In cereals, the overall development of the embryo sac is very similar to that in Arabidopsis and most other eudicots (see Glossary, Box 1) but with some notable differences at the late stages. The two polar nuclei are generally unfused until fertilization, when they will fuse with a sperm nucleus to form the triploid endosperm (Mol et al., 1994). Another difference is that the three antipodal cells do not degenerate, but instead begin to proliferate by nuclear division and cytokinesis. In maize, at the time of fertilization, proliferation results in up to 40 antipodal cells (Huang and Sheridan, 1994). The antipodal cells in cereals have cell walls that are covered with small outgrowths known as papillae at the boundaries between the maternal tissue and the antipodal cells and between the antipodal cells and the developing endosperm. As these cell walls resemble those of plant cells involved in nutrient transfer (known as transfer cells), it has been hypothesized that the antipodal cells might perform an essential function in the transfer of nutrients from maternal tissues to the cereal endosperm (Diboll and Larson, 1996; Maeda and Miyake, 1997). However, in the majority of flowering plants, including Arabidopsis, the antipodals degenerate before fertilization, and their function, if they have any, remains a mystery.
Female gametophyte genes and mutants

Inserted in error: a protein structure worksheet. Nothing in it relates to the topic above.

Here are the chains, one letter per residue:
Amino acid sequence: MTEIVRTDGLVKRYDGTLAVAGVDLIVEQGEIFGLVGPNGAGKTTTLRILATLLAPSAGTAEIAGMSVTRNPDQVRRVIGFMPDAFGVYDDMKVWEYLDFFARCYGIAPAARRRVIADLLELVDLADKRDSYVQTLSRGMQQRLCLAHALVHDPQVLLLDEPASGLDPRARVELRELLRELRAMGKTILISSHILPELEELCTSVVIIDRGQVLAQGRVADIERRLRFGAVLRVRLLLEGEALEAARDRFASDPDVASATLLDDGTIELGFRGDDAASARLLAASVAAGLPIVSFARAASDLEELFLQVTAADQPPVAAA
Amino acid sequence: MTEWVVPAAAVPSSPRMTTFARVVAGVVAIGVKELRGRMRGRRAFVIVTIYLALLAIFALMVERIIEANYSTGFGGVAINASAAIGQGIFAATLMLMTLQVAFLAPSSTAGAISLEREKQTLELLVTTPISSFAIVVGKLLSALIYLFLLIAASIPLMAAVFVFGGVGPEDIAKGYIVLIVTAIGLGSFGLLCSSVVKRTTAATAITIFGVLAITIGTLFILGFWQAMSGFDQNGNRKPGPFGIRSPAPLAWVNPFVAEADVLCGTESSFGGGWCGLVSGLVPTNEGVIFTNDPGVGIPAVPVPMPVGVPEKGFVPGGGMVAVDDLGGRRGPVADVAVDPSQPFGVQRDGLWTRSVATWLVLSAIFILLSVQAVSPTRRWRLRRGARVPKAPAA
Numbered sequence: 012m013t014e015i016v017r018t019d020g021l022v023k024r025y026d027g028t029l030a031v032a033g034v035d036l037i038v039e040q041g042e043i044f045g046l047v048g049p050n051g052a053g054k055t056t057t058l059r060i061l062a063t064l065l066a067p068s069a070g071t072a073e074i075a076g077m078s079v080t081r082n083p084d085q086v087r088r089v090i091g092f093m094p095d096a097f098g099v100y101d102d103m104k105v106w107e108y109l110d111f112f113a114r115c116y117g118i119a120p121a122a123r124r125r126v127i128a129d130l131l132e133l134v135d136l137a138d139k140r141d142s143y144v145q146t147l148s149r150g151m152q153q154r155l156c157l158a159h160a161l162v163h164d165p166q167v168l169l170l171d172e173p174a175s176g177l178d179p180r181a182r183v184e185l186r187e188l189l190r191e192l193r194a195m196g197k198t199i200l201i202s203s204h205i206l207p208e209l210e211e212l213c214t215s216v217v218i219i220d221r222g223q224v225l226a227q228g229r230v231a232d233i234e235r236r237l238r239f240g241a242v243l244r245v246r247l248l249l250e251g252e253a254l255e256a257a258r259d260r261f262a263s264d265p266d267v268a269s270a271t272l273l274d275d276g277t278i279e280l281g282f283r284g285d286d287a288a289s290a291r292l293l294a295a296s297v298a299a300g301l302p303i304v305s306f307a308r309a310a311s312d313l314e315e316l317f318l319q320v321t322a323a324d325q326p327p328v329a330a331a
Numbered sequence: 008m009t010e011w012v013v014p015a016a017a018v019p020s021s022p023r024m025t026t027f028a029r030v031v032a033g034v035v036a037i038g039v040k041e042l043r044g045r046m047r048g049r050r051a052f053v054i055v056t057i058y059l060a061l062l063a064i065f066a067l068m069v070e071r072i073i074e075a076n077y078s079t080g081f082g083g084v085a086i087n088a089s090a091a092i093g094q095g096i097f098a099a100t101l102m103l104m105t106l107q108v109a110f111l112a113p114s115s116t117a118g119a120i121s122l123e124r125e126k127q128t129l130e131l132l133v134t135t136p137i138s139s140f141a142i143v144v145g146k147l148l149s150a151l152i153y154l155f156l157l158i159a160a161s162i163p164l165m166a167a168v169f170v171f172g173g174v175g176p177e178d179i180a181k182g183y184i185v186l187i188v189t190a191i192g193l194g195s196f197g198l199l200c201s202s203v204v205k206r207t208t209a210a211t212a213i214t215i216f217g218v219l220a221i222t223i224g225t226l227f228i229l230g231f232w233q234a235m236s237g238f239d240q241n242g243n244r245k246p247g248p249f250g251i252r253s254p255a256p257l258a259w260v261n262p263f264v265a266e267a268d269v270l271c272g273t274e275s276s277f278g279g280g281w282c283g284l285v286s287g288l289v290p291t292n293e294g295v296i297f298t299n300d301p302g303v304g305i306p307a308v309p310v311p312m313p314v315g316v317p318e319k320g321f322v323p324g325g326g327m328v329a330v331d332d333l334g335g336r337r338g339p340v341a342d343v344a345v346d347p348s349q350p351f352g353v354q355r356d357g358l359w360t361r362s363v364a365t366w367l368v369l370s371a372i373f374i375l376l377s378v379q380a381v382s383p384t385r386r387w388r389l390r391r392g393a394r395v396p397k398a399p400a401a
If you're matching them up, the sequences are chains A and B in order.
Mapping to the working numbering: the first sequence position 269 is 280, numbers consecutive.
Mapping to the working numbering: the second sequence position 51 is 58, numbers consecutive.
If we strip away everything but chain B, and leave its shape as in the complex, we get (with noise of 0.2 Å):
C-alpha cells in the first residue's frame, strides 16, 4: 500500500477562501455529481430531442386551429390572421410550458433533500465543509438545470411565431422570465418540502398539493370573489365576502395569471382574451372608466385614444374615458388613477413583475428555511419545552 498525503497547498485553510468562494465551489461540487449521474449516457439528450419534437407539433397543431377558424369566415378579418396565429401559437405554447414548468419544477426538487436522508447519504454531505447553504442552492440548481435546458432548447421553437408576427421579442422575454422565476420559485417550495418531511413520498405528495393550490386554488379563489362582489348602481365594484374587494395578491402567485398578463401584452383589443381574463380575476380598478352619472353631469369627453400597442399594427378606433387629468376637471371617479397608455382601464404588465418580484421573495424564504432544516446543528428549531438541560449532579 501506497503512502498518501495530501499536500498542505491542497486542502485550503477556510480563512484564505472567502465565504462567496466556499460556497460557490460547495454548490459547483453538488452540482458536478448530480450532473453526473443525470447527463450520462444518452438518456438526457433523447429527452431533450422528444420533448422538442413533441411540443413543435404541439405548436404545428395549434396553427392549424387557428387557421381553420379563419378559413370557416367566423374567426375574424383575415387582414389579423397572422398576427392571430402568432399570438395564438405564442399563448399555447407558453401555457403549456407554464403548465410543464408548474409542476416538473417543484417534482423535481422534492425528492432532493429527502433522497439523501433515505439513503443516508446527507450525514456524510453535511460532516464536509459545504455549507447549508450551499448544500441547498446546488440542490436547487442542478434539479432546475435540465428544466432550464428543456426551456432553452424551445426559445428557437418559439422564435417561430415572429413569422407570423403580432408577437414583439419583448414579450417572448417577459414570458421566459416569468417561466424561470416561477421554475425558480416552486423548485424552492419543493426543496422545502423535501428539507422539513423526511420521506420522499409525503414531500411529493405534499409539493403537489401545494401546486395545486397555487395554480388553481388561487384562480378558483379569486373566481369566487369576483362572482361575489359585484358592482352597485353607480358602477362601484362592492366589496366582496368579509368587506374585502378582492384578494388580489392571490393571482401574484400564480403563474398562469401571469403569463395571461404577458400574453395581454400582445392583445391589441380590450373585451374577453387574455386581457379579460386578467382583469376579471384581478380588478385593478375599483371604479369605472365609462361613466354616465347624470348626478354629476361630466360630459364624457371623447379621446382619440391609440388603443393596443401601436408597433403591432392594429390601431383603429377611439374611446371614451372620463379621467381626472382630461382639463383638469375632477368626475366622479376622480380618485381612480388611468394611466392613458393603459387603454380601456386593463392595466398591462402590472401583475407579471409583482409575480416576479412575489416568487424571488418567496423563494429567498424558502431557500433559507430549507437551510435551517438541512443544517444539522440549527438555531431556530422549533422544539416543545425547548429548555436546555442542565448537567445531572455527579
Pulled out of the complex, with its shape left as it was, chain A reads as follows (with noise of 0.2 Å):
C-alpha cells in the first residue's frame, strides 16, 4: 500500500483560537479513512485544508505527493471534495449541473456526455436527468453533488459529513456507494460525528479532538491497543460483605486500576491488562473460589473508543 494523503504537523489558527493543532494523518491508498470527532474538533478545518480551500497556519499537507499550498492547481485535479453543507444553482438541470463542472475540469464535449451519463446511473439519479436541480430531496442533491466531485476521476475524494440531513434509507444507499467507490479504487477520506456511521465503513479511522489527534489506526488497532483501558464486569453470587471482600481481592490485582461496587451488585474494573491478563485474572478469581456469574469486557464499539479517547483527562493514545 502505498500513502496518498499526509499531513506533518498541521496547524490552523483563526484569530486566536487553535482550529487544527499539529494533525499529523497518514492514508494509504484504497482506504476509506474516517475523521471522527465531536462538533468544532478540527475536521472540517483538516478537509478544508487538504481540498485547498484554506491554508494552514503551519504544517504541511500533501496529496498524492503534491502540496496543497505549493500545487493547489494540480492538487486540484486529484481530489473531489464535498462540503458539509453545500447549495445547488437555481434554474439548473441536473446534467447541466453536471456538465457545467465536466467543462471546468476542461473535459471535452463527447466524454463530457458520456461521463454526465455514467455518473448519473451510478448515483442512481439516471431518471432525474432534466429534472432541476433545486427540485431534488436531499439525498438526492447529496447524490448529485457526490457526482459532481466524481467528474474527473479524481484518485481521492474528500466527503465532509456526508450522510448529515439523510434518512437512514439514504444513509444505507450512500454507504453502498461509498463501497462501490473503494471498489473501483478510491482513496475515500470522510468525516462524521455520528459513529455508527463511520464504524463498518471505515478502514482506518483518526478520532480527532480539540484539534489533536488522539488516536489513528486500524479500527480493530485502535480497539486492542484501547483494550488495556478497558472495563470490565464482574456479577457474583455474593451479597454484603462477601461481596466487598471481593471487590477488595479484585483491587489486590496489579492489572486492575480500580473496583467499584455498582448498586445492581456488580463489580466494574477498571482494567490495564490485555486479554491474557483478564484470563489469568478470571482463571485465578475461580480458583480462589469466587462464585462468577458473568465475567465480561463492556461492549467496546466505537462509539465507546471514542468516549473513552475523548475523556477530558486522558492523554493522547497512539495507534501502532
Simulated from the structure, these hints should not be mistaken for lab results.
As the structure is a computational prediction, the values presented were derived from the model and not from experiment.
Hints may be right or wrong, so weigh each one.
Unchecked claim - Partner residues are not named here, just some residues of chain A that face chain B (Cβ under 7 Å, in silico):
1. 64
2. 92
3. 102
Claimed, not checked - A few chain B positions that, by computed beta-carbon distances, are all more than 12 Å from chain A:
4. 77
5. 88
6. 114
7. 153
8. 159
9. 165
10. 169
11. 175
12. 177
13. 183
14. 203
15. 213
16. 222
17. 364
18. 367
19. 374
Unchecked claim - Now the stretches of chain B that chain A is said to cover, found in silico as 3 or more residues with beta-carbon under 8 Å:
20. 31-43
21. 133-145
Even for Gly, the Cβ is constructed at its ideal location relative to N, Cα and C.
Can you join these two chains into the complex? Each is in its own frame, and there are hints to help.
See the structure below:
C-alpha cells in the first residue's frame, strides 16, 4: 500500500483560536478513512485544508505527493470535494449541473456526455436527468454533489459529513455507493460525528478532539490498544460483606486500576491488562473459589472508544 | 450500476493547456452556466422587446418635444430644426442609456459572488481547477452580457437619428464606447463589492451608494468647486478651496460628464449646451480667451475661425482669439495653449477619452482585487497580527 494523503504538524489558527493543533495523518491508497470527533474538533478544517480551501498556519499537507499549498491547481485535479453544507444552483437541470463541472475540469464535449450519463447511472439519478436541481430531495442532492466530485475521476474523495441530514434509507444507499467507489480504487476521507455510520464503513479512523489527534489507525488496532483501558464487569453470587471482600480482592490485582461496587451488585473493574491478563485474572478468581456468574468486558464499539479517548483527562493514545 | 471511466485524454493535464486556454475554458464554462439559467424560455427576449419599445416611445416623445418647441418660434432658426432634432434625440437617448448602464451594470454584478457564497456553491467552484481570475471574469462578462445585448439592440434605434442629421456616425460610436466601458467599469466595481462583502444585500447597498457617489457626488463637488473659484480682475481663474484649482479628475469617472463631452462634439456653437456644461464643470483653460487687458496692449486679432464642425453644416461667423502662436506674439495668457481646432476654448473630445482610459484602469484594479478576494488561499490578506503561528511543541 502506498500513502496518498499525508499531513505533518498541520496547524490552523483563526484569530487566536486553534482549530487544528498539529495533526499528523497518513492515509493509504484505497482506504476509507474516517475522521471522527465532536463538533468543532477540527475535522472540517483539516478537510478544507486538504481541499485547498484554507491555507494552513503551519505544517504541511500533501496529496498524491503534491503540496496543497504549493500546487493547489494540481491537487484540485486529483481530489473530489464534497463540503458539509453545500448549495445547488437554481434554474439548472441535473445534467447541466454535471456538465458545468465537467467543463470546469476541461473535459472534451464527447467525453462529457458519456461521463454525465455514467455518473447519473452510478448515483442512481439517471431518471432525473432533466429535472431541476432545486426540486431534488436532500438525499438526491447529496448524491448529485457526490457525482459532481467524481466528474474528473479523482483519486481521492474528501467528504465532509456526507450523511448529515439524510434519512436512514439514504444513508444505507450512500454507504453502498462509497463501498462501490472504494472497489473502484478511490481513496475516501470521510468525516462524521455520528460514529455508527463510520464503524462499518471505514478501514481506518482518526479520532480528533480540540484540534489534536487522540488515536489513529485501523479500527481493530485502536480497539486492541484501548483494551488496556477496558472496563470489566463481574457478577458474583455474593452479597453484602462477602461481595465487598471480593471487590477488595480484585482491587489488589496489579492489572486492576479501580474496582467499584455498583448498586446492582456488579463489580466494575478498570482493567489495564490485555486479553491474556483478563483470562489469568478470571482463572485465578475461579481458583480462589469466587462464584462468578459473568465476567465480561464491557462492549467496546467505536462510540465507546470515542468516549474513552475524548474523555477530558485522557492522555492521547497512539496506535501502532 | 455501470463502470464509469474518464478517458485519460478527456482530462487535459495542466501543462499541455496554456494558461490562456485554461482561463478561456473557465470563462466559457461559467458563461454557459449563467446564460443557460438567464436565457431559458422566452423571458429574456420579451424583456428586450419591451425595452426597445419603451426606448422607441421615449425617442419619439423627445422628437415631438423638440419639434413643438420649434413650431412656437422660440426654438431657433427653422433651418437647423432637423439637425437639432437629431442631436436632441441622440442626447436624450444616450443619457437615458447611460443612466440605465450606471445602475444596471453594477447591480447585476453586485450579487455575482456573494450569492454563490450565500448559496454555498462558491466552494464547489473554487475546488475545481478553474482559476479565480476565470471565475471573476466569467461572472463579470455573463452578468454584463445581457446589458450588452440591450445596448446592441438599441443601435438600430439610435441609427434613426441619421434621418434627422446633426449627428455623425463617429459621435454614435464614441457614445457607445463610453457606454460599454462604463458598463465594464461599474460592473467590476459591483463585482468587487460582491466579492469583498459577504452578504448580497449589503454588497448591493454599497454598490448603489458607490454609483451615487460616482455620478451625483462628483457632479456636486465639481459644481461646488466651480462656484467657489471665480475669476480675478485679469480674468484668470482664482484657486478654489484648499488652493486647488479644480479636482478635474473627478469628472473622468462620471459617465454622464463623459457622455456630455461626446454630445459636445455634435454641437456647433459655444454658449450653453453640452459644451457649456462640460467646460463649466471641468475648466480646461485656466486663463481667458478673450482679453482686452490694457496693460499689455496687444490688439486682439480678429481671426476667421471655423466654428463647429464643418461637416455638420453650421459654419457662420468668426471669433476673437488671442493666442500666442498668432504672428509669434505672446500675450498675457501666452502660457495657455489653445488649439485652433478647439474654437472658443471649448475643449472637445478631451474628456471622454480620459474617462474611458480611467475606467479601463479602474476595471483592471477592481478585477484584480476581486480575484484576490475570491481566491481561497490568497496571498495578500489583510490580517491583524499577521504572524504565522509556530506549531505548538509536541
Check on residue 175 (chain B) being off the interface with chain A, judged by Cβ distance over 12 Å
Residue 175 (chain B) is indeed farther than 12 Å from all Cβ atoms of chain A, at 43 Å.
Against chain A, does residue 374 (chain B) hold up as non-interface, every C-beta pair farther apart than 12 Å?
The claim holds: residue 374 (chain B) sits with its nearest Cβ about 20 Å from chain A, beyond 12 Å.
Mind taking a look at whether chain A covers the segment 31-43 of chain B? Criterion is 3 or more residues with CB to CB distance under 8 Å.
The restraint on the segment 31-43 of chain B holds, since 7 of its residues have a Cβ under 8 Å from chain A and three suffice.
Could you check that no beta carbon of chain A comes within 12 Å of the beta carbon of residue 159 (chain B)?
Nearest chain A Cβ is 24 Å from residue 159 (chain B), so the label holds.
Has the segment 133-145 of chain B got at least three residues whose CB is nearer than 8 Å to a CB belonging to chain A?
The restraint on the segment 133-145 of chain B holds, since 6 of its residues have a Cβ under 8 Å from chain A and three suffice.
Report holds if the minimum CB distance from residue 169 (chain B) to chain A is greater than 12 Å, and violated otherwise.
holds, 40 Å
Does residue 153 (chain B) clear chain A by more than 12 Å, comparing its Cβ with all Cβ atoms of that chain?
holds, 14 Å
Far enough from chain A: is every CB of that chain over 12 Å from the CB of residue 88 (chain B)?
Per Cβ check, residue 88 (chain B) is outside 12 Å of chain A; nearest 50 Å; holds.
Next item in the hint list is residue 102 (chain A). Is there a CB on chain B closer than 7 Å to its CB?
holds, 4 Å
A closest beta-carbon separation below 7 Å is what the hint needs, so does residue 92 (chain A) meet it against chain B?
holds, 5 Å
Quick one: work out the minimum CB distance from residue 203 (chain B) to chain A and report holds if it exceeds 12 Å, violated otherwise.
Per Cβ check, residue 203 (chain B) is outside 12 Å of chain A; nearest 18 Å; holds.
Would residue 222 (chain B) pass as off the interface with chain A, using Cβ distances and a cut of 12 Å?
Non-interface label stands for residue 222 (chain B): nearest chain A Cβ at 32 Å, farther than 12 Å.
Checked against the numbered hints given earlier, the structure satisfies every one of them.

The small size of the female gametophyte and its inaccessibility, which is owing to it being embedded within the sporophytic tissues of the ovule, have made it a particularly challenging and intractable system for developmental studies. Large-scale forward genetic screens have been employed, using insertional mutagens such as T-DNA or transposons, to identify genes with important functions in the embryo (Bonhomme et al., 1998; Christensen et al., 1998; Feldmann et al., 1997; Howden et al., 1998; Pagnussat et al., 2005). Most of the above screens employed a selectable marker carried by a transposon or T-DNA, and relied on the principle that female gametophyte mutants exhibit a markedly reduced transmission through the female gametes of a marker linked to the mutation (Brink, 1925). These screens have revealed genes that affect embryo sac development, its capacity for fertilization and the post-fertilization development of the seed. In the majority of cases, the mutations are in genes that control essential functions, such as cellular metabolism or the cell cycle, although mutations in putative regulatory or signaling genes can also be found (Pagnussat et al., 2005). However, such screens are generally limited to the discovery of single genes that result in phenotypes when mutated, and are less effective in the identification of multiple redundant genes that might be required for a developmental process.